In this video, Rioforce takes a look at 5 principles of animation that you can implement to get smoother and better animation. Contrary to popular belief, better animation doesn't come from taking more frames. It comes from an understanding of the principles of animation and how they can be applied.
Easing, also known as “Slow in and out” is a technique where, when making a movement, you start slow and end slow to make the movement appear smooth. A car gives us a good example of this. Let's say a car starts driving from a sitting position. It doesn't just immediately start driving at 60mph, it has to accelerate first, and that starts slowly.
The dashes in the above photo represent the frames of where the car has been. You can see that there are more frames at the start of the car's animation than toward the middle or end. This is easing.
It's the same concept for easing out. After the car is driving fast, it has to slow down to stop (unless it crashes). So, to ease out, add more frames at the end to give the illusion of slowing down.
Easing applies to a lot more than just cars. It applies to every animation.
Anticipation & Follow-through
Very closely related to easing, Anticipation and follow through describes what happens before and after the desired action. Very few actions can just start without any sort of anticipation. In the video, you can see a LEGO skeleton lifting his hands up. He leads forward before raising his arms. He's anticipating the action he's about to do.
Anticipation is essentially a wind-up-and-go motion. Think of a baseball player getting ready to throw a ball. That's anticipation. Or someone pulling back before throwing a punch. Also anticipation. Same concept for animation, though often less intense or violent.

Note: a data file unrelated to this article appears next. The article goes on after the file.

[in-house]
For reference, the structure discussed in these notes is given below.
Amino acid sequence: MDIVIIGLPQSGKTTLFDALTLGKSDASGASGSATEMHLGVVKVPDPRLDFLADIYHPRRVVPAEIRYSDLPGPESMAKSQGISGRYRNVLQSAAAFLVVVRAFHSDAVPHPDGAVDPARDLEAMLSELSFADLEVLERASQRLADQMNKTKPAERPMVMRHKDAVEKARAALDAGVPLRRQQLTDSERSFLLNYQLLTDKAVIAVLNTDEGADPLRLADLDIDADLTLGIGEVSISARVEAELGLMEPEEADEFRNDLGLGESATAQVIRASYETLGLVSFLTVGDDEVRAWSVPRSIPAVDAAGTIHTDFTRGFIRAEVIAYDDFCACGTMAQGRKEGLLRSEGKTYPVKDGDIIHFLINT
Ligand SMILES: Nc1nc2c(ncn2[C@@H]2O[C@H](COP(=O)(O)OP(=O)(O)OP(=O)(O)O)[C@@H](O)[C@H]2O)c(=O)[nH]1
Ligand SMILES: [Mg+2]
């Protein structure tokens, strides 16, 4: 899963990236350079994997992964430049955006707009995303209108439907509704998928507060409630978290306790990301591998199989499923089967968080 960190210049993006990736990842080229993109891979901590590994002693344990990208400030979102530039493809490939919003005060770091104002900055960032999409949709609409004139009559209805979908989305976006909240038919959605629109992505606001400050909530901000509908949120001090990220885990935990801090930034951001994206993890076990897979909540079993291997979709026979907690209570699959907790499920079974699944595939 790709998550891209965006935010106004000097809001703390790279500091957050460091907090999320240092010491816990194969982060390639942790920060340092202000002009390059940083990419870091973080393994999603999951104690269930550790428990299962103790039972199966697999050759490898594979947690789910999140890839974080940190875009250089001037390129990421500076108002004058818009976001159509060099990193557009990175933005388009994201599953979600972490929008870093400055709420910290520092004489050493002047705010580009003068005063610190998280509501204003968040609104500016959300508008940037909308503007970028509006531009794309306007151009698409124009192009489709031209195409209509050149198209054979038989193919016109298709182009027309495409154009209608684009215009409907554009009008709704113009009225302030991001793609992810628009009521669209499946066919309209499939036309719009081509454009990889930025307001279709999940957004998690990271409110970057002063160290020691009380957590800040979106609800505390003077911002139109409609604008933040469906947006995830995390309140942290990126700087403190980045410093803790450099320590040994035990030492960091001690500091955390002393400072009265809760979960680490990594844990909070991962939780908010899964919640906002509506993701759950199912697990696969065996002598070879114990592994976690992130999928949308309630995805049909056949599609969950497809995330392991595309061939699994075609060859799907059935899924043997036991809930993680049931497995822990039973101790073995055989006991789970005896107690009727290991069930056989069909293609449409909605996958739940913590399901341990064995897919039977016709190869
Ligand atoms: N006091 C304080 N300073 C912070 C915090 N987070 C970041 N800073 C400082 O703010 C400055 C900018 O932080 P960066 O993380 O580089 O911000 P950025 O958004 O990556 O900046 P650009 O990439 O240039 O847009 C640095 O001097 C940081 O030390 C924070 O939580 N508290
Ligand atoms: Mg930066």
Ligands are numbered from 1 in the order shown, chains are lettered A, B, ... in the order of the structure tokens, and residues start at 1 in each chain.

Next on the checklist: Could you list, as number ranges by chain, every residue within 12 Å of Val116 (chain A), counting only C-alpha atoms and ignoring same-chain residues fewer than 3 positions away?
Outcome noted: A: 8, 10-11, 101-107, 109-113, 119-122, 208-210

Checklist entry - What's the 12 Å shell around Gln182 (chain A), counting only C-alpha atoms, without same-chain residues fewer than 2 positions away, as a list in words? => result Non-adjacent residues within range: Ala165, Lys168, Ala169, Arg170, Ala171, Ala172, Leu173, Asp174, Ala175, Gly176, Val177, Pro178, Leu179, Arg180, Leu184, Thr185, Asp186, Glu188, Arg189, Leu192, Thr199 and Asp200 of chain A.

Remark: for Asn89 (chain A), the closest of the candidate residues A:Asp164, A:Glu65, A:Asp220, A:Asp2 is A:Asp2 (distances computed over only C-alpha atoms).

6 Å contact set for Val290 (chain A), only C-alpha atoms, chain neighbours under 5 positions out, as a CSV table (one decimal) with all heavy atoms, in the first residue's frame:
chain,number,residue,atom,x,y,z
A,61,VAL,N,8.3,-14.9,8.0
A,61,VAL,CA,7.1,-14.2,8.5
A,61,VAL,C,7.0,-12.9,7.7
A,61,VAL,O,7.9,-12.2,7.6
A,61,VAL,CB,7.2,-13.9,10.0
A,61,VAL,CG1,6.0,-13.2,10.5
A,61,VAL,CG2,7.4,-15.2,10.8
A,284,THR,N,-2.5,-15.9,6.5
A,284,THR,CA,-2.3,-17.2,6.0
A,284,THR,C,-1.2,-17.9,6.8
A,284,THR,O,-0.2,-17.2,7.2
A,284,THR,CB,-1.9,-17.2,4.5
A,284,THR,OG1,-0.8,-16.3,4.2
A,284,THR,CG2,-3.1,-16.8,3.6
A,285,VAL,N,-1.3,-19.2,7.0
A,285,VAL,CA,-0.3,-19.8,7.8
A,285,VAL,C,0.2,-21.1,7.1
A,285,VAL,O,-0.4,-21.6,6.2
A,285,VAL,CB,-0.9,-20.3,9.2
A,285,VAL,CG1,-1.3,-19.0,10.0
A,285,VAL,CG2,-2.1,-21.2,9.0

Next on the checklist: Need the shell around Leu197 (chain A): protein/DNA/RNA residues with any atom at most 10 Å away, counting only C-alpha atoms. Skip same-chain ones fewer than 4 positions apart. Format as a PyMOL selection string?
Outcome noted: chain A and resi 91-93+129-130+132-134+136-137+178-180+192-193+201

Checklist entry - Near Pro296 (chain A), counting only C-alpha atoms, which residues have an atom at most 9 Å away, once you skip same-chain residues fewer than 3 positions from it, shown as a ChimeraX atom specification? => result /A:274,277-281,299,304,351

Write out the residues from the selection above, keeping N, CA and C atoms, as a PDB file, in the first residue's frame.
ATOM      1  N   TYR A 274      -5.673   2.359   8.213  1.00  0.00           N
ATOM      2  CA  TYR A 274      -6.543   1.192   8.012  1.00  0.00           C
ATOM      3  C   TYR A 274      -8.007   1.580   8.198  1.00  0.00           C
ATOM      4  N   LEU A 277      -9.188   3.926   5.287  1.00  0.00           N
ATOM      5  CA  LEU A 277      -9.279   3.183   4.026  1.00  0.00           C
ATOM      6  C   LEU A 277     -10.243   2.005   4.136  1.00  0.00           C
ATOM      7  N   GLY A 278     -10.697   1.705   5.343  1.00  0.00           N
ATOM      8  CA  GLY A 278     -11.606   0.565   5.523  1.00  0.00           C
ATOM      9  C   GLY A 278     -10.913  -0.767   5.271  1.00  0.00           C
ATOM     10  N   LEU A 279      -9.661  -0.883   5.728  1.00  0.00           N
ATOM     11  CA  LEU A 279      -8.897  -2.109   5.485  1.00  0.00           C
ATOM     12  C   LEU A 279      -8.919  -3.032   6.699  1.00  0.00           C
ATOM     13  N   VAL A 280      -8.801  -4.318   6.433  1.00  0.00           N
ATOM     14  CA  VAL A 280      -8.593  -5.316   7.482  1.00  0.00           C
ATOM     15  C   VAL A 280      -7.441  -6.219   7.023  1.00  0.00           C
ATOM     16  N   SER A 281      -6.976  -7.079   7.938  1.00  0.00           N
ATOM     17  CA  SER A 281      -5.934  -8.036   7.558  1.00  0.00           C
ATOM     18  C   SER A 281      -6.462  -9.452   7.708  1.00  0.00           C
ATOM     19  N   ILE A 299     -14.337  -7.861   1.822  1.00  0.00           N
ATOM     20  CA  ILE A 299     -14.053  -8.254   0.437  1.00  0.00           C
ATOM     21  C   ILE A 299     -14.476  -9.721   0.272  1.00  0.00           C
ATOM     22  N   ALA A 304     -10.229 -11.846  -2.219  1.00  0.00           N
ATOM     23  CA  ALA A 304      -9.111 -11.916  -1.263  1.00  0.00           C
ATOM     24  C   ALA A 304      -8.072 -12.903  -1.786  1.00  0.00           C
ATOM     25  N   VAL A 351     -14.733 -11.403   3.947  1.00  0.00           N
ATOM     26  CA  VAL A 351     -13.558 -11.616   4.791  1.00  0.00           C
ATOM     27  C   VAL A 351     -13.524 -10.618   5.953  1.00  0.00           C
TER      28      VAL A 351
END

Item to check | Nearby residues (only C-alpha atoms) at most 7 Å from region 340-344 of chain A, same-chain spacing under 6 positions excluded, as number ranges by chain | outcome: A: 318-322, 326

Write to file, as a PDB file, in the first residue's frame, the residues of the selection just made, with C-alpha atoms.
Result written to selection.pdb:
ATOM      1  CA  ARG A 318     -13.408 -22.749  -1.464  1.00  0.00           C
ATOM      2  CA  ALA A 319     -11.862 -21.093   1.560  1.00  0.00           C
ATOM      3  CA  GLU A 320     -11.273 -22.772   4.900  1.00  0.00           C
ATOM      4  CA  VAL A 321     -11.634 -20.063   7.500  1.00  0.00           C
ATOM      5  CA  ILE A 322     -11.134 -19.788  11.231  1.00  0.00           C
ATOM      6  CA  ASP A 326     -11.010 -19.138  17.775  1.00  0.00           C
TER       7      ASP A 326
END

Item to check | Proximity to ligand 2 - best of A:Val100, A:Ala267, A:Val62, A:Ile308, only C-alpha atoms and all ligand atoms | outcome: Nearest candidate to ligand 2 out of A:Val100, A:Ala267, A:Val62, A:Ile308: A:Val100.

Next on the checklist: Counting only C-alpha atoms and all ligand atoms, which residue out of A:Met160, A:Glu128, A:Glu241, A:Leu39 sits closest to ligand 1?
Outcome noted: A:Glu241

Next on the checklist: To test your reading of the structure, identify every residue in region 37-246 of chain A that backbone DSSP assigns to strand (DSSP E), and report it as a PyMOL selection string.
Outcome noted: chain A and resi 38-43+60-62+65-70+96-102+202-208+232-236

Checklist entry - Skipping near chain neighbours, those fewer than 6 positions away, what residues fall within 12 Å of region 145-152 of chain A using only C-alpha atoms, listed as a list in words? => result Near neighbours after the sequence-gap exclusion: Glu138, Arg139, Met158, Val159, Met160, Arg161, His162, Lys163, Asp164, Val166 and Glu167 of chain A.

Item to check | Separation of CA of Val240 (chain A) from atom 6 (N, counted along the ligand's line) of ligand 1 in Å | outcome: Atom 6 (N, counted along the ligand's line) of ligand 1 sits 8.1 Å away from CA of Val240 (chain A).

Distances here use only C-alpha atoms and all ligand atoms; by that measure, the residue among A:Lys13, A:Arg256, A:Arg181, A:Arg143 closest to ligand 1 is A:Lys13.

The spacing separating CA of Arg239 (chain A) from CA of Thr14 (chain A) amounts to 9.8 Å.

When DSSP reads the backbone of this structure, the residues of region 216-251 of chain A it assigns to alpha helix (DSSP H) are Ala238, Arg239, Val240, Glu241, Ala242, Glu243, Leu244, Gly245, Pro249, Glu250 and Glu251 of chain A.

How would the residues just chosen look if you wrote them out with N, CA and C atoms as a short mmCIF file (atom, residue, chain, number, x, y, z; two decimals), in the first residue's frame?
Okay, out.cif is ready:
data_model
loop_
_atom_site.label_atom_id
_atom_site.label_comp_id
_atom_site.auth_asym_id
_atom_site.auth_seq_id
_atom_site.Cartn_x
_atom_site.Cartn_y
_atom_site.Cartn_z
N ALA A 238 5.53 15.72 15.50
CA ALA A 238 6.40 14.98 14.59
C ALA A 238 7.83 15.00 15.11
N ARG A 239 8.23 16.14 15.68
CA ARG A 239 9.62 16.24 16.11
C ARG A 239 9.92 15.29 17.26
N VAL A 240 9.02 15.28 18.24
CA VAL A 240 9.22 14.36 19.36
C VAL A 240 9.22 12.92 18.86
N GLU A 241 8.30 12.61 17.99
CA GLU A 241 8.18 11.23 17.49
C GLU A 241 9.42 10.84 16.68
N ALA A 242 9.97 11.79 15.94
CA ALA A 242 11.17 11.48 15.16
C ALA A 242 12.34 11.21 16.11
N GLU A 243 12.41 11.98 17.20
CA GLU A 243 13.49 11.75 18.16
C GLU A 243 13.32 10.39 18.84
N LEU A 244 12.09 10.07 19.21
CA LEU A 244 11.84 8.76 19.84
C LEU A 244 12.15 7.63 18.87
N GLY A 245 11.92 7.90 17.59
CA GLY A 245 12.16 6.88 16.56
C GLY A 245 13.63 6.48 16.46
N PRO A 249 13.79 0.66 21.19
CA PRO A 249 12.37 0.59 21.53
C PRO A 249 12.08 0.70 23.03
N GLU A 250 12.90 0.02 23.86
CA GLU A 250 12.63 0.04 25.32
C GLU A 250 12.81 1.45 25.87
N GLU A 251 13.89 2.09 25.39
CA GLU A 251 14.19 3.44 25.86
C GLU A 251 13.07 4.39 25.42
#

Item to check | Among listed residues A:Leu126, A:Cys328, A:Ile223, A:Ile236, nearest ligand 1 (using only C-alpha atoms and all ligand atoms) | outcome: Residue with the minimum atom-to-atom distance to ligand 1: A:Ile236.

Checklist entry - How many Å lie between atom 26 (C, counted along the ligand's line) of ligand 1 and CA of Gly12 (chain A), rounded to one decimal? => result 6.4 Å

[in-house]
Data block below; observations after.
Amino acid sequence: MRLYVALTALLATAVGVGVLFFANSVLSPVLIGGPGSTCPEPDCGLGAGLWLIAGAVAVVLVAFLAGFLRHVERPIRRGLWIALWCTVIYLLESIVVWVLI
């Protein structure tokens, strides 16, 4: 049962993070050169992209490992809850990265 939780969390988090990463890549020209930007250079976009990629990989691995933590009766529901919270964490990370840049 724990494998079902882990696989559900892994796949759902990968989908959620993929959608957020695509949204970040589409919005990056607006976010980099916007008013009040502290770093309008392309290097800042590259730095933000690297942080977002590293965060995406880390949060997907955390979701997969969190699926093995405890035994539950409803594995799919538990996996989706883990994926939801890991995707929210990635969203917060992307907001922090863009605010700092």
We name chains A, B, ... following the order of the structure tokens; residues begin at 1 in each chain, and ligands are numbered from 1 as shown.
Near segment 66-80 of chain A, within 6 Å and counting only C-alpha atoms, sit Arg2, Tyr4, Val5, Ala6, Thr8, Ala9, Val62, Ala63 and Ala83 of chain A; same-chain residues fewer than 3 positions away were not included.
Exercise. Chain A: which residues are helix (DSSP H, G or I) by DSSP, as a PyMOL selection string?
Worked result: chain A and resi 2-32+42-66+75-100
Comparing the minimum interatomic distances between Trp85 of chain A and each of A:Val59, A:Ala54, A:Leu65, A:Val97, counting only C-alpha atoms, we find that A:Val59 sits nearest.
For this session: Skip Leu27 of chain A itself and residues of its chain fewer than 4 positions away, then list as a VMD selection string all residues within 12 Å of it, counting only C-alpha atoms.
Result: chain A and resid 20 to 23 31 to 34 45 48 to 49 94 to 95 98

It's similar for Follow-Through. After a motion is performed, it's hard to stop on a dime. This, we follow through with our actions a little bit before returning to a relaxed position. After a car slows down and stops, it might roll back slightly as a follow-through. After someone hits a golf ball, they continue to swing because they can't just stop the club right as it hits the ball. That's the same for animation as well, though, generally more subtle.
Pacing refers to the speed of the action that’s being animated. But I like to think of it in terms of weight. Weight informs how things are timed in animation. If a giant heavy car is being pushed, the characters wouldn't push it efforlessly down the road. They'd struggle at the beginning, maybe find it a bit easier when it gets going, and struggle at the end to stop it.
It's the same for animation. In the above picture, you can see the lines where the frames for this man's arm movement are. At the beginning, we see easing, but suddenly, we see his arm moved to the middle of his torso, then to the top, where he continues to ease out. This makes his arm movement fast. It takes fewer frames to do than what some people might consider "smooth" animation, but gives the appropriate speed to the action.
Arcs are fun because we get to draw. What are arcs? Well, every motion generally follows an arc and doesn’t stray from it. A good visualization of arcs is this jumping animation. As you can see from my drawings, each jump has a specific arc that it follows. This jump actually has two arcs, since when she jumps, she misses. Then she has to make an arc to get back up to the platform.
When things are affected by velocity and gravity, they follow predictable paths. As you can see, the arc goes up and then down. Arcs are essentially a drawn connection of point A and point B. If there's a point C in there, it's probably two arcs. If it's not supposed to be, then the arcs are done incorrectly.
Overlapping action is basically what the name implies. It’s animating multiple things at once. This can manifest itself in a variety of ways. I like to think of it as a variety of actions happening at once. It’s more than just animating more than one character at a time.
Overlapping actions means there's lots of actions going on and being combined to make one fluid motion. In the video above, the man is slooking nervously to his left and right. If he was just turning his head, it would be one action. But! Since he is moving his arms, head, hips, and even rotating his whole body, it's overlapping action. This complex combination of motion is the core of overlapping action.
I hope this article and video helped you improve your animation! If you'd like to discuss this article, check out the topic on the forum or hit up the comments on the YouTube video.